Companies like Apple that try to control devices purchased by end-users create their own serious security problems. It turns out that Apple trying to protect itself from you makes you vulnerable to attackers.
Apple doesn’t want you to run anything on your phone that they didn’t approve. But of course, customers want to run whatever they want on the phone they bought, regardless of if Apple likes it. This creates end-user demand for jailbreaks — software that attacks their phone’s OS to remove Apple’s restrictions. Whenever one is discovered, Apple patches it, but another one is always discovered soon afterwards.
Right now, there’s a website, jailbreakme.com, that offers the easiest, most convenient jailbreak yet. You browse to the site on your iPhone, iPad, or iPod Touch, and suddenly it’s jailbroken and the non-Apple application stores like Cydia are available. It’s very slick, and much easier than any previous jailbreak, many of which required modifying OS images, caching key signatures from Apple, and other tasks that required at least some moderate technical savvy. People really like jailbreakme.com — it makes taking ownership of your own phone quick and easy!
How does it work? Well, it’s a combination of two exploits. When you visit the site, it loads a PDF that exploits a bug in Apple’s font rendering (iPhones render PDFs themselves, using Apple code — Adobe’s reader is not even involved) to load and run arbitrary code. Then that code exploits another vulnerability, in the iOS kernel, to run code as root, outside the app sandbox. This third piece of code jailbreaks the phone and installs the necessary backdoors to wrest control away from Apple and give it to the user.
But… there’s a problem here. The fact that this works means that there’s an unpatched remote root exploit on every iOS device. That is, on an iPhone, iPad, or iPod Touch, any website you visit or any email you receive can silently load and run arbitrary code on your device, which will then reside there permanently and do whatever the attacker wants. How do you know this hasn’t already happened to your phone, and your location isn’t being tracked, your calls tapped, your SMS messages and web passwords forwarded to some Russian crime syndicate? You don’t. There’s no way to know, because there’s no anti-malware software for iOS — Apple would never approve it anyway, since you’re not “supposed” to be able to run anything but Apple-approved apps anyway.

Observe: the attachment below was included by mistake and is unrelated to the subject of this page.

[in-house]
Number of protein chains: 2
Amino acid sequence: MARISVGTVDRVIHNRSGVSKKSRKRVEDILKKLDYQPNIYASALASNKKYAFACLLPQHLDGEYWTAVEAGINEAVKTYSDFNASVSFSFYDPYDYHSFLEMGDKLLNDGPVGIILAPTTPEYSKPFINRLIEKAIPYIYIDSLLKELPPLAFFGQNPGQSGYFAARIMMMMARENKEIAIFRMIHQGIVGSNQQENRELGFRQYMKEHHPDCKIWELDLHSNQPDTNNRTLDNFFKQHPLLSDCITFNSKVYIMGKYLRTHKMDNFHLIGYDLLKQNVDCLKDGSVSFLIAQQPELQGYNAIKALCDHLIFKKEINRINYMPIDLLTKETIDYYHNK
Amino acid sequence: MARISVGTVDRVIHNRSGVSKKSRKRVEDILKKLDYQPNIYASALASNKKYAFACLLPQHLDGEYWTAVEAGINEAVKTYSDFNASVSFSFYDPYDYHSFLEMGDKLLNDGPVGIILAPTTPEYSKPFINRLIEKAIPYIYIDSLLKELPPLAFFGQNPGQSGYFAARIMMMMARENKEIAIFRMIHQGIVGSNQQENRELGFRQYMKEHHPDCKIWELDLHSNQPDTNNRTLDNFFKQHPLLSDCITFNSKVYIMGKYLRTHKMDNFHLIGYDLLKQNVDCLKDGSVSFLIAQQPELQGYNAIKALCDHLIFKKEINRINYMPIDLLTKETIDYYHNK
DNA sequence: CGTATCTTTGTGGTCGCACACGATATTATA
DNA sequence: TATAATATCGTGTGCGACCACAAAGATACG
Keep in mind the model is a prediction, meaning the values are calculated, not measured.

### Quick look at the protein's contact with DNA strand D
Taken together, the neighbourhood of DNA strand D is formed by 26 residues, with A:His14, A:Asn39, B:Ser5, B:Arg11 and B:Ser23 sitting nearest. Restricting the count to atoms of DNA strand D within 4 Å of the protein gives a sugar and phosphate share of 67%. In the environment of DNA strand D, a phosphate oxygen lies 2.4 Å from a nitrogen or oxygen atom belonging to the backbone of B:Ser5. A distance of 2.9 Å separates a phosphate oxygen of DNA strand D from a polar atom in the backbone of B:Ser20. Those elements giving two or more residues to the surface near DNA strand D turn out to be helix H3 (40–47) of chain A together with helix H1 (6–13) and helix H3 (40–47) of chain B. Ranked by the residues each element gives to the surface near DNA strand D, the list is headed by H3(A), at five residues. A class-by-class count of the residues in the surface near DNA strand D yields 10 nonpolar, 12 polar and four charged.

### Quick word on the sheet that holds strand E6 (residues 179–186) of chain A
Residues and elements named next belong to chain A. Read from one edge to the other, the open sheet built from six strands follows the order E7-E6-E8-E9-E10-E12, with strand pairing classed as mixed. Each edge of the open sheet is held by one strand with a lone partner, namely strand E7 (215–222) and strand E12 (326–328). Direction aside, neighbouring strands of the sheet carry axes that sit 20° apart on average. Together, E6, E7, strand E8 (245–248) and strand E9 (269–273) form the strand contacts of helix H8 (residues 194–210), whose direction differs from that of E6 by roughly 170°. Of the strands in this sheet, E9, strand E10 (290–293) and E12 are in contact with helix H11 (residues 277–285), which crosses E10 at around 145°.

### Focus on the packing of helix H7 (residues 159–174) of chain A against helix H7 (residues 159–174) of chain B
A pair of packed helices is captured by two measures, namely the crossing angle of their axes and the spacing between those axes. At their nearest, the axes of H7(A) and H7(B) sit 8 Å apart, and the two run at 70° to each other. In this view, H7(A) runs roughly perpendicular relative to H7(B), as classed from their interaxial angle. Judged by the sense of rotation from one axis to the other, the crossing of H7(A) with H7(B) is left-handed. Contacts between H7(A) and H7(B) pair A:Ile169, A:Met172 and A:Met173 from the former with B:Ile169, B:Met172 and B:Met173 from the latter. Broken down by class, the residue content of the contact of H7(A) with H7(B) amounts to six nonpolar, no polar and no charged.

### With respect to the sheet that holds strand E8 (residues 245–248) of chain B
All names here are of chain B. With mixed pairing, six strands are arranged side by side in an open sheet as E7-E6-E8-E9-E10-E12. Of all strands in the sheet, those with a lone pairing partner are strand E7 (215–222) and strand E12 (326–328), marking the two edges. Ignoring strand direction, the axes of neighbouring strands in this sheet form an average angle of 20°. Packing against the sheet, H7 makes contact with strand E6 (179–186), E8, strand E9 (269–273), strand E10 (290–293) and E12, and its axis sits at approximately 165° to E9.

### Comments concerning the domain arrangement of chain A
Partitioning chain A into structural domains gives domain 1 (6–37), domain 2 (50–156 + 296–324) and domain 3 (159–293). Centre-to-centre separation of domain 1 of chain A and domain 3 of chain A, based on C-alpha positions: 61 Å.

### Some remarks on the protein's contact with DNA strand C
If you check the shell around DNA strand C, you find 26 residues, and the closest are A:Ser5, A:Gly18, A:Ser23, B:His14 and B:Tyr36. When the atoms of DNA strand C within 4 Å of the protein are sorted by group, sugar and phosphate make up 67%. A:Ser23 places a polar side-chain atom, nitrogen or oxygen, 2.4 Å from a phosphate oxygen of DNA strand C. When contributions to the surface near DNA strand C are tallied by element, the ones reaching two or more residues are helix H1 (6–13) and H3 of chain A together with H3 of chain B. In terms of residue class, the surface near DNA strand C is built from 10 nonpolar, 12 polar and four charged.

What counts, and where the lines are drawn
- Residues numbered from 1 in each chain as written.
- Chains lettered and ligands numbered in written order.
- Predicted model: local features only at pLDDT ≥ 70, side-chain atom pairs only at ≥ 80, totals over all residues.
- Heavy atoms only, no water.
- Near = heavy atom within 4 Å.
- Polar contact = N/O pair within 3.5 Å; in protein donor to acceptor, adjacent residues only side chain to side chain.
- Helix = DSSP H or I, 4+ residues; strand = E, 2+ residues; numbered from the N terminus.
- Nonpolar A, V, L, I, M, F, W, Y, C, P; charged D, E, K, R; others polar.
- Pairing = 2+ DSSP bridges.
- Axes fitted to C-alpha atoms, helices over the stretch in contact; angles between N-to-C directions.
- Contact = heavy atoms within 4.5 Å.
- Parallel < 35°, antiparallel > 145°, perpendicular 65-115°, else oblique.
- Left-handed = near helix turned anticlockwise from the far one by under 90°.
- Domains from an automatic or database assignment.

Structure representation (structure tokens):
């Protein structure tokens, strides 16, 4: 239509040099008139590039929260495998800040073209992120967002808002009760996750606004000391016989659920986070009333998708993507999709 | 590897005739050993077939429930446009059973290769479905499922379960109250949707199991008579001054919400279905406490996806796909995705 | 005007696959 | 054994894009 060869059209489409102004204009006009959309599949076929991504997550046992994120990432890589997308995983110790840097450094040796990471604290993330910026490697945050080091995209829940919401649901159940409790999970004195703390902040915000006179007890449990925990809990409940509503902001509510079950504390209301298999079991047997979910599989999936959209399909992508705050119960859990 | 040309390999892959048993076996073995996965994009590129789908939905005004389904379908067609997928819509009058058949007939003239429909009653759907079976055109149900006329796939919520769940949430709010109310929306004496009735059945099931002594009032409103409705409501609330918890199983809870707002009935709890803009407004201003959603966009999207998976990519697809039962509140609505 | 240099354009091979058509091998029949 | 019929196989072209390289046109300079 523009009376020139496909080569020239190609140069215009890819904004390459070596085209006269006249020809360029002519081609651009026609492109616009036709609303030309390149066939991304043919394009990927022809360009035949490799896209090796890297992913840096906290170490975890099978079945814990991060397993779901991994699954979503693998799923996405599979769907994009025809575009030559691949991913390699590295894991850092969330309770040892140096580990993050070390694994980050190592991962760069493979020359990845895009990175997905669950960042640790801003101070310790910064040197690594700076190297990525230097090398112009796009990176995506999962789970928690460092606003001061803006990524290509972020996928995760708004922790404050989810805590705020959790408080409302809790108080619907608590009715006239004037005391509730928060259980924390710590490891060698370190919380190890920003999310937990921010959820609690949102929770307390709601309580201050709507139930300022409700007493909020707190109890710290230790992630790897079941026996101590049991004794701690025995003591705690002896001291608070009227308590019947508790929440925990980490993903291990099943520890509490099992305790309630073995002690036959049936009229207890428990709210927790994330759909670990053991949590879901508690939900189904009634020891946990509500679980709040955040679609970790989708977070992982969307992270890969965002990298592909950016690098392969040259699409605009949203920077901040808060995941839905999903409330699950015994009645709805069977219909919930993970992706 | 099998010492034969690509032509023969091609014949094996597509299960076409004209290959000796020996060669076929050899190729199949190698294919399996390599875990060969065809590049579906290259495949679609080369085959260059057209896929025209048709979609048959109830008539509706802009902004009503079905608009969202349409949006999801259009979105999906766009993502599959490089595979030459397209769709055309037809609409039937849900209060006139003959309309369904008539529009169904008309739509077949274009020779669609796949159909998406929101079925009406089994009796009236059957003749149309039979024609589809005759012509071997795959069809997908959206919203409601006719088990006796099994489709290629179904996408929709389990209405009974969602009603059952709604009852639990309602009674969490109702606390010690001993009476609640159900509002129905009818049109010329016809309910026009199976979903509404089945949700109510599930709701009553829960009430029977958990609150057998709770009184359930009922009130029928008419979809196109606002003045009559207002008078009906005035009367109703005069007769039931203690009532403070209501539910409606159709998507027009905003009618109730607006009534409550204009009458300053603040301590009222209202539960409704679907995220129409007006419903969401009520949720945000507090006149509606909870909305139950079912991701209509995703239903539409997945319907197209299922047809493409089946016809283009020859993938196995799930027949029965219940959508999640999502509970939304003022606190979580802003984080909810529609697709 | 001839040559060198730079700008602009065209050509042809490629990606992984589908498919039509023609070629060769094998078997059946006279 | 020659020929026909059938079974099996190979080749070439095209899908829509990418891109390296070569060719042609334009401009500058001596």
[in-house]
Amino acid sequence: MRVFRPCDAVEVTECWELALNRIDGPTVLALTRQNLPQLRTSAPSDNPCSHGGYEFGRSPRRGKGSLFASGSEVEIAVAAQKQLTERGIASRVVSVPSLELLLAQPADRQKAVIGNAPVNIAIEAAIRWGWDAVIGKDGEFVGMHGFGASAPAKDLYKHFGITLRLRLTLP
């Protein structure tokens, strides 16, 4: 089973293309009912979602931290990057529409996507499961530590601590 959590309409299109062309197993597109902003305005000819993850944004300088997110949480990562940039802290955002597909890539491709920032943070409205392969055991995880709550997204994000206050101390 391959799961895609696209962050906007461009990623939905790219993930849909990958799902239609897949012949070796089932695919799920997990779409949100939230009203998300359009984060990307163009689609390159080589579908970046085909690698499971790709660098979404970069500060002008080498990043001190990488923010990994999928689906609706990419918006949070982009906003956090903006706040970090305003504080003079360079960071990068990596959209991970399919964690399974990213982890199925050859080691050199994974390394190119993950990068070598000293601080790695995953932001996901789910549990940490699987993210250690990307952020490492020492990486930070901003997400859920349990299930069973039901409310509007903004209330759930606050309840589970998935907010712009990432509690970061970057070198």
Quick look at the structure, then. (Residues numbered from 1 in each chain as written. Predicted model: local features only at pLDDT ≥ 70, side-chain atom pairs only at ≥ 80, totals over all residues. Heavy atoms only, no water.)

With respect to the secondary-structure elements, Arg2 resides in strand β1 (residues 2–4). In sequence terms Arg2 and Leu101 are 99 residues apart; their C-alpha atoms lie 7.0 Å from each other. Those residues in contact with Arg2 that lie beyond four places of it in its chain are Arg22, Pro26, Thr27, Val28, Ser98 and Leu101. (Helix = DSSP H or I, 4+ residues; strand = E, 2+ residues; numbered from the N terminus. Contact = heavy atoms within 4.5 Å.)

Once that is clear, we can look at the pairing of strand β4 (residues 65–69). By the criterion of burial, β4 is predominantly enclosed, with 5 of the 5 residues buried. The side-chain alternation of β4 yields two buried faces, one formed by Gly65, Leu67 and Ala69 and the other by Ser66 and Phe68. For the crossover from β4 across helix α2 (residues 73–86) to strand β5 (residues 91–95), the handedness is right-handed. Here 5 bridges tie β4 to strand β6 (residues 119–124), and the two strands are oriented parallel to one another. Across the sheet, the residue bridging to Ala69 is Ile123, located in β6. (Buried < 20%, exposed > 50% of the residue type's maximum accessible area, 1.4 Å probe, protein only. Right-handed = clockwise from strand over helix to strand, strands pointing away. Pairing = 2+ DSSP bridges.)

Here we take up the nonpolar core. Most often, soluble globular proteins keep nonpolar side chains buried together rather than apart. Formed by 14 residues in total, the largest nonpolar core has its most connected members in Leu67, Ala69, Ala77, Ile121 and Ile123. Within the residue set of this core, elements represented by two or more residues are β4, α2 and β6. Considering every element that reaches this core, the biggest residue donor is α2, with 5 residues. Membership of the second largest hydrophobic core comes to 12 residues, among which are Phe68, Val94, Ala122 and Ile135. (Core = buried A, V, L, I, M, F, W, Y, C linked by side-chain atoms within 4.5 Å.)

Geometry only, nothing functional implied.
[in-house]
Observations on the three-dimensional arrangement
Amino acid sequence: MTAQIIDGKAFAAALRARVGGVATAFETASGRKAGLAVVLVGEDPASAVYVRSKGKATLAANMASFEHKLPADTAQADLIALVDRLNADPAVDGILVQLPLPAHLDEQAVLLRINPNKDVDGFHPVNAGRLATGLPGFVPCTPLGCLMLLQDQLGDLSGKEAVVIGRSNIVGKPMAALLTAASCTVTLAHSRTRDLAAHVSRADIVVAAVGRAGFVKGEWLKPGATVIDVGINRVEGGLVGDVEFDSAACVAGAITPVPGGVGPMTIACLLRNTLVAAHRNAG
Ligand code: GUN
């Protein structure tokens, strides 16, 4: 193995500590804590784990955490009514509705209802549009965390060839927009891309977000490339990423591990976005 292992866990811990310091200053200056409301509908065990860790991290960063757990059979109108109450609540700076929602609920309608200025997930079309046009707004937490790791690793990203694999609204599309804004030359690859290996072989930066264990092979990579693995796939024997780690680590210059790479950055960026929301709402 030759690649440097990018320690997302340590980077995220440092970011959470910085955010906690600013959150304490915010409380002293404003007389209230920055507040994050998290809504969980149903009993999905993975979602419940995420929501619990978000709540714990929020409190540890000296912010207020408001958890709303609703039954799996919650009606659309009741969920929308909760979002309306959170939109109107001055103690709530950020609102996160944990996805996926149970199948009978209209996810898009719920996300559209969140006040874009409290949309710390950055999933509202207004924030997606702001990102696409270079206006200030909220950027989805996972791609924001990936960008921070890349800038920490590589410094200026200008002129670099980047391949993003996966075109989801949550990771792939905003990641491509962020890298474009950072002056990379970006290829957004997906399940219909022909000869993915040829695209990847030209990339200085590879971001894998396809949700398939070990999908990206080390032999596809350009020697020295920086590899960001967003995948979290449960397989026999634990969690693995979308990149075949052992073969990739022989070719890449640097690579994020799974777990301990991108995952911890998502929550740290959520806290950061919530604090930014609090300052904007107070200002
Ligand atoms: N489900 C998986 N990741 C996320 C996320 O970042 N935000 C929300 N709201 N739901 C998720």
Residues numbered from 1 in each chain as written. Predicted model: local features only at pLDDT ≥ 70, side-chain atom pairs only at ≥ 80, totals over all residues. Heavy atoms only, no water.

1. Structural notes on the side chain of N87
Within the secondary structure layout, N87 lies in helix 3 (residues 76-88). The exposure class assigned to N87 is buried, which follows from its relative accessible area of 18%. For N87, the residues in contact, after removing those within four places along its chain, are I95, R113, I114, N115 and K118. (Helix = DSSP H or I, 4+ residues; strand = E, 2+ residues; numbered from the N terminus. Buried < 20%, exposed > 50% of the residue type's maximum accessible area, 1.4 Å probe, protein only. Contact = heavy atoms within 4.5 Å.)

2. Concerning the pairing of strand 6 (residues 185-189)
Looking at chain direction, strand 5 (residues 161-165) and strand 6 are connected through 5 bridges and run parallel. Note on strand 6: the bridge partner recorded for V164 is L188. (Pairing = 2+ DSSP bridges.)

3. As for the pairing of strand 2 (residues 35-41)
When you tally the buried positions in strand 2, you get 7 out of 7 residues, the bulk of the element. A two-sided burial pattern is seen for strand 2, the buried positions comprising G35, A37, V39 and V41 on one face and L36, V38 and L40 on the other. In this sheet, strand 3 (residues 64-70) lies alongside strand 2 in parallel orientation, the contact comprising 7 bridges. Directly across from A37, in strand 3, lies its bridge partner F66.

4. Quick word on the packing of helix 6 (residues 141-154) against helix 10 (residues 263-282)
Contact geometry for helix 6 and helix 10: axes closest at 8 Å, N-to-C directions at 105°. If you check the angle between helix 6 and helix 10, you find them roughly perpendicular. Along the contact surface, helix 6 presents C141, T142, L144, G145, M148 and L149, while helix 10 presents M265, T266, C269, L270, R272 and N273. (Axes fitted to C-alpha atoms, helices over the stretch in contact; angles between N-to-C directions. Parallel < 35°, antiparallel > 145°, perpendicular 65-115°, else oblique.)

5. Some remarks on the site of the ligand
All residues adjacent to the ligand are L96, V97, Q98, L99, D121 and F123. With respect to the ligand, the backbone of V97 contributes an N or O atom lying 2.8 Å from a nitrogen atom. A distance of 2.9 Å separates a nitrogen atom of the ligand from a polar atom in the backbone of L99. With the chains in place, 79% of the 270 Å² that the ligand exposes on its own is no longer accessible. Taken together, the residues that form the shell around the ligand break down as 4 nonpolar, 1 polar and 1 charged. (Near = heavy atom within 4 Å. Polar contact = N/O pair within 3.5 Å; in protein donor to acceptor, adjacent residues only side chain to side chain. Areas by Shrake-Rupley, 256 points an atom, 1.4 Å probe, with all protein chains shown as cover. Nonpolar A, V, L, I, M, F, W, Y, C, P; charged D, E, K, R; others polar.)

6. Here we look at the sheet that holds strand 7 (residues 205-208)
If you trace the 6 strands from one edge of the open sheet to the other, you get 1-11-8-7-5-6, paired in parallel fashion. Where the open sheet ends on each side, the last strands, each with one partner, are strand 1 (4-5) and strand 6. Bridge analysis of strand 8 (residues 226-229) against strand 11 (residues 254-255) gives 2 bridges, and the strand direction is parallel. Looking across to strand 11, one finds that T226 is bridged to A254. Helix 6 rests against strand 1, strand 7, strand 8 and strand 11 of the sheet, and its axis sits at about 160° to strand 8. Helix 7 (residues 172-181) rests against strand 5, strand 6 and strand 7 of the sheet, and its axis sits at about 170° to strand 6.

In a normal, open ecosystem, like that on PCs, this problem would be less likely to happen. If a security researcher discovered remote exploits like this, they would often follow responsible disclosure practices, and contact the vendor and let them know about the problem so it could be fixed. But they’re not willing to do this for Apple — because they need the remote exploit to have unfettered access to their own phones!
Apple has created a situation where someone acting in good faith to help iPhone users use their own devices has to keep security flaws away from Apple, so that they can also be used by malicious attackers. Apple and Apple’s users are on opposing sides — helping Apple hurts legitimate users, yet helping users jailbreak also means helping attackers exploit them.
What’s more, when Apple releases a patch to iOS to make it no longer vulnerable to these attacks, they will undoubtedly reverse the jailbreaks in the same patch. Thus, users will not want to install the patch, since it will kill functionality that they want on their phones! In the IT world, it’s hard enough to get people to patch even when there’s no downside, and Apple’s creating customers who deliberately avoid patches and updates, since most of Apple’s “security fixes” are aimed at protecting Apple from customers, not protecting customers from harm.
Come on, Apple, would a settings checkbox marked “Allow execution of unsigned code” be so bad? You could even pop up a warning that turning it on makes you ineligible for Apple support. Is it really better to force your userbase to help hackers?